Yangarra King’s Wood Shiraz 2018 is from the 2.3ha Block 12. Block 12 is the spiciest Shiraz grown on Yangarra. To accentuate the spiciness they use a large percentage of whole bunches. After wild yeast fermentation, the free-run wine ages in 2,500 litre French Oak ‘foudre’ for 15 months. Yangarra King’s Wood is a spicy, elegant wine that packs a lot of flavour at only 13.5% alcohol! Yangarra King’s Wood is a wine to leave for 5-10 years for the best result.
Yangarra King’s Wood Wine Review
JAMES HALLIDAY James Halliday Wine Companion 2021, 1 August 2020
“From the 12.3ha east-facing Block 12 on an ironstone sandy outcrop. Hand-picked, open-fermented with 25% whole bunches, matured in a 25hl French foudre for 15 months. Vivid crimson-purple through to the rim. An incredibly fresh wine that literally dances in the mouth, juicy streams of bright red flavours – this from ’18, not a vintage known for delicacy. Fantastic bargain.”
Yangarra is one vineyard of 100 hectares broken into 35 blocks. Almost exclusively planted to the varieties of the Rhone Valley; in particular the Southern Rhone. But new plantings of Spanish grapes are underway. The core of the Yangarra offering is old, bush vines of Grenache. All the vines are certified organic and biodynamic. Their efforts are working as not only are the wines amazing, but James Halliday awarded Yangarra wine of the year in the 2020 Companion.
The maritime climate and sandy soils of McLaren Vale make it a great place for growing grapes. Reds in particular excel here. Shiraz of course, but the Spanish varieties Grenache and Tempranillo seem well suited too. The maritime climate helps mitigate some of the heat from the SA summers and the sandy soils mean that phylloxera could not survive and so they have some of the oldest vines in the world.
A bit of a chameleon, Shiraz can change how it looks depending on the terroir and/or winemaker influence. The Syrah-based wines of Northern Rhone are dry and austere while the Shiraz of Barossa is rich and fleshy. A variety that lends itself to long aging but can be drunk at any time of its evolution.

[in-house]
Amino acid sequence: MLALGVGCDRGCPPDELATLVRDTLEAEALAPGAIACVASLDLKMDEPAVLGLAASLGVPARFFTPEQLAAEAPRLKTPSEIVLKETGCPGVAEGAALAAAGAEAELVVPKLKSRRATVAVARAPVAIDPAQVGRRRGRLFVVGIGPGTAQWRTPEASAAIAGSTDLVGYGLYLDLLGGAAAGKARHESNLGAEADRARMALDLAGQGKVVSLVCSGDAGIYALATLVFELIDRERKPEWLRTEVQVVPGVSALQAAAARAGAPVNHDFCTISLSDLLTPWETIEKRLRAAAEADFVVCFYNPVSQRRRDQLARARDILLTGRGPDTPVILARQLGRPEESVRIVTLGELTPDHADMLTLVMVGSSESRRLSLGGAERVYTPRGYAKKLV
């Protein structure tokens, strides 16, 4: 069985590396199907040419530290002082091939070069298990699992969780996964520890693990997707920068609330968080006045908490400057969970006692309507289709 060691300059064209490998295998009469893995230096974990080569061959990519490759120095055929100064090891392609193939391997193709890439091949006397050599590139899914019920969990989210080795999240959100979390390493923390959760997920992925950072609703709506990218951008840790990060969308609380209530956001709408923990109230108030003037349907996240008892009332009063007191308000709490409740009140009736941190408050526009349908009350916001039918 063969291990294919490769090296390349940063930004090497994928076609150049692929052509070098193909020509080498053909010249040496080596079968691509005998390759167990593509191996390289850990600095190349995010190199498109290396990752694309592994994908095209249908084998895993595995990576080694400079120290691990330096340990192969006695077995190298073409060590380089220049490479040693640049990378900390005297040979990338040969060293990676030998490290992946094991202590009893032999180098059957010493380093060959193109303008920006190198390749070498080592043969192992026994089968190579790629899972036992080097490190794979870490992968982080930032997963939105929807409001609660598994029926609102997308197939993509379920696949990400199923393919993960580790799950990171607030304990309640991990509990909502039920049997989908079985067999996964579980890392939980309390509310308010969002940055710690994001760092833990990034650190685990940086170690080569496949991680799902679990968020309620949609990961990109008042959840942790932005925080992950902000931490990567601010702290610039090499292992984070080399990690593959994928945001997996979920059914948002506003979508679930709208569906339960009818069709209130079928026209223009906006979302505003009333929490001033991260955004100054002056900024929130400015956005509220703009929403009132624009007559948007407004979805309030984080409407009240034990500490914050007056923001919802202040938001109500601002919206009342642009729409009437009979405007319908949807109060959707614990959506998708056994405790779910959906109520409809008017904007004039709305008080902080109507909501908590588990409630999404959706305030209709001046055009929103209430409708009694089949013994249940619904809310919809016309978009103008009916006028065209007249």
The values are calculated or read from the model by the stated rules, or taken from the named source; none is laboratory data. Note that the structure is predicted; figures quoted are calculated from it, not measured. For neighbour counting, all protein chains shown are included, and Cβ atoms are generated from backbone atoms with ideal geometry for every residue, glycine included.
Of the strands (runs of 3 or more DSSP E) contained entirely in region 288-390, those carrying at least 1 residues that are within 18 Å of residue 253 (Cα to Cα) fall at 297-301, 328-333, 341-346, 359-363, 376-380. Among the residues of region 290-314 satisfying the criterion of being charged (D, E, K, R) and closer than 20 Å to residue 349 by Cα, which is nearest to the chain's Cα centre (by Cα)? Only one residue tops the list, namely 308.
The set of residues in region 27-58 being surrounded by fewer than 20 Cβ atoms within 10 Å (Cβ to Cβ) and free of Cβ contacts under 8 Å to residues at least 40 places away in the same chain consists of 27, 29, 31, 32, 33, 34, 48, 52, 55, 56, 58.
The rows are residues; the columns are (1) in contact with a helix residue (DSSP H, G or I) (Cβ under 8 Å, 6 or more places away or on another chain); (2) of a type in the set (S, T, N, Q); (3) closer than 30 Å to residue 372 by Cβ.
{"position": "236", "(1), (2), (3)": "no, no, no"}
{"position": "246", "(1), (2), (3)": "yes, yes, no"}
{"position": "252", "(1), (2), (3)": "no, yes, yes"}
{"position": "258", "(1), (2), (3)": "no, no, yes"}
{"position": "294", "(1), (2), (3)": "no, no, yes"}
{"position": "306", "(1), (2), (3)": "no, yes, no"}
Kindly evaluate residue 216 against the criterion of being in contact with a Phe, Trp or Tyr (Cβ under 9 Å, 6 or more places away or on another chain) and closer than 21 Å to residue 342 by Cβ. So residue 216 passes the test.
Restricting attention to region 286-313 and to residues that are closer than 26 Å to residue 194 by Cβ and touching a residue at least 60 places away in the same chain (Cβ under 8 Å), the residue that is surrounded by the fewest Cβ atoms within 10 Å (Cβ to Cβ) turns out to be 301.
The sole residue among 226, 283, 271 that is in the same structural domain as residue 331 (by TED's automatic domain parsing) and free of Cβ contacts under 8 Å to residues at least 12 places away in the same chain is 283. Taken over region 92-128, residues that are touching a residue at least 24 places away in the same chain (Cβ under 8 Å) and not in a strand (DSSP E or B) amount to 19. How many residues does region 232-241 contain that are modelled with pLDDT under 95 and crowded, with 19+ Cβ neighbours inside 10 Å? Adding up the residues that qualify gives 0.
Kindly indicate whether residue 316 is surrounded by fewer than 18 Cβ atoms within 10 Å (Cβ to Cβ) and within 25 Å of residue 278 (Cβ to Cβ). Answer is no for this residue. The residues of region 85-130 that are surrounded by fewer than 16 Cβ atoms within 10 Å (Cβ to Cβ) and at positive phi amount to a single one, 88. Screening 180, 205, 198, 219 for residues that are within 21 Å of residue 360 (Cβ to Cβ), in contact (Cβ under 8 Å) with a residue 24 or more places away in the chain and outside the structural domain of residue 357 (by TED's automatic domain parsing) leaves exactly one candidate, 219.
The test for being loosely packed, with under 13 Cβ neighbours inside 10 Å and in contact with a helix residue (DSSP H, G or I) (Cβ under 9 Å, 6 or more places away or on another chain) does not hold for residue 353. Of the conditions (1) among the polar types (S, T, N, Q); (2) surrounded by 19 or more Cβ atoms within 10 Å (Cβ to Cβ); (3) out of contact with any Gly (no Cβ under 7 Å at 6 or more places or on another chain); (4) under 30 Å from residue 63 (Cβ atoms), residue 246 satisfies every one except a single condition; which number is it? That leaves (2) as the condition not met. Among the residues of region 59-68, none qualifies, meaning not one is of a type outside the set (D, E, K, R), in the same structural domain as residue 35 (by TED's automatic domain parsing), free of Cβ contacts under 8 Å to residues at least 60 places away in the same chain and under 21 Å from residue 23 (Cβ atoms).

The invasion of “Sunshine in a bottle” put Australian wine on the map. The fruity, easy-going, somewhat samey wines were endearing for a short time. Then the next big thing knocked them off their perch.
This forced producers to increase quality and emphasise the special terroirs of Australia. Of which, there are many. And many more yet to be discovered.
Wine is the result you get from fermented grape juice. There is proof of wine production dating back 8000 years ago. Fashions, innovations and many other factors have influenced the way wine has evolved over the years.
The wine grape is pretty special. It contains everything you need to make grape wine. Except for the yeast, which lives on the outside of the skins.
Human inputs can influence the final product. This includes the viticulture (growing) choices. And the winemaker can shape the wine to a point too.
The best wines of the world often refer to terroir. This is a French term that refers to all the climatic, geological and topographical influences on a specific piece of land. And it is true that neighbouring vineyards, grown identically, can taste noticeably different.
Fun fact; most of the colour for wines comes from the skins. There are only a handful of grapes that have red juice. Alicante is the most well known of these grapes.
By macerating the juice on the skins the wine gains tannins, and flavours. Certain compounds change the chemistry of the wine too.
Red wines tend to have higher alcohol. More tannin and more oak flavours compared to other styles of wine. But the thousands of grapes and terroirs they grow in influence this.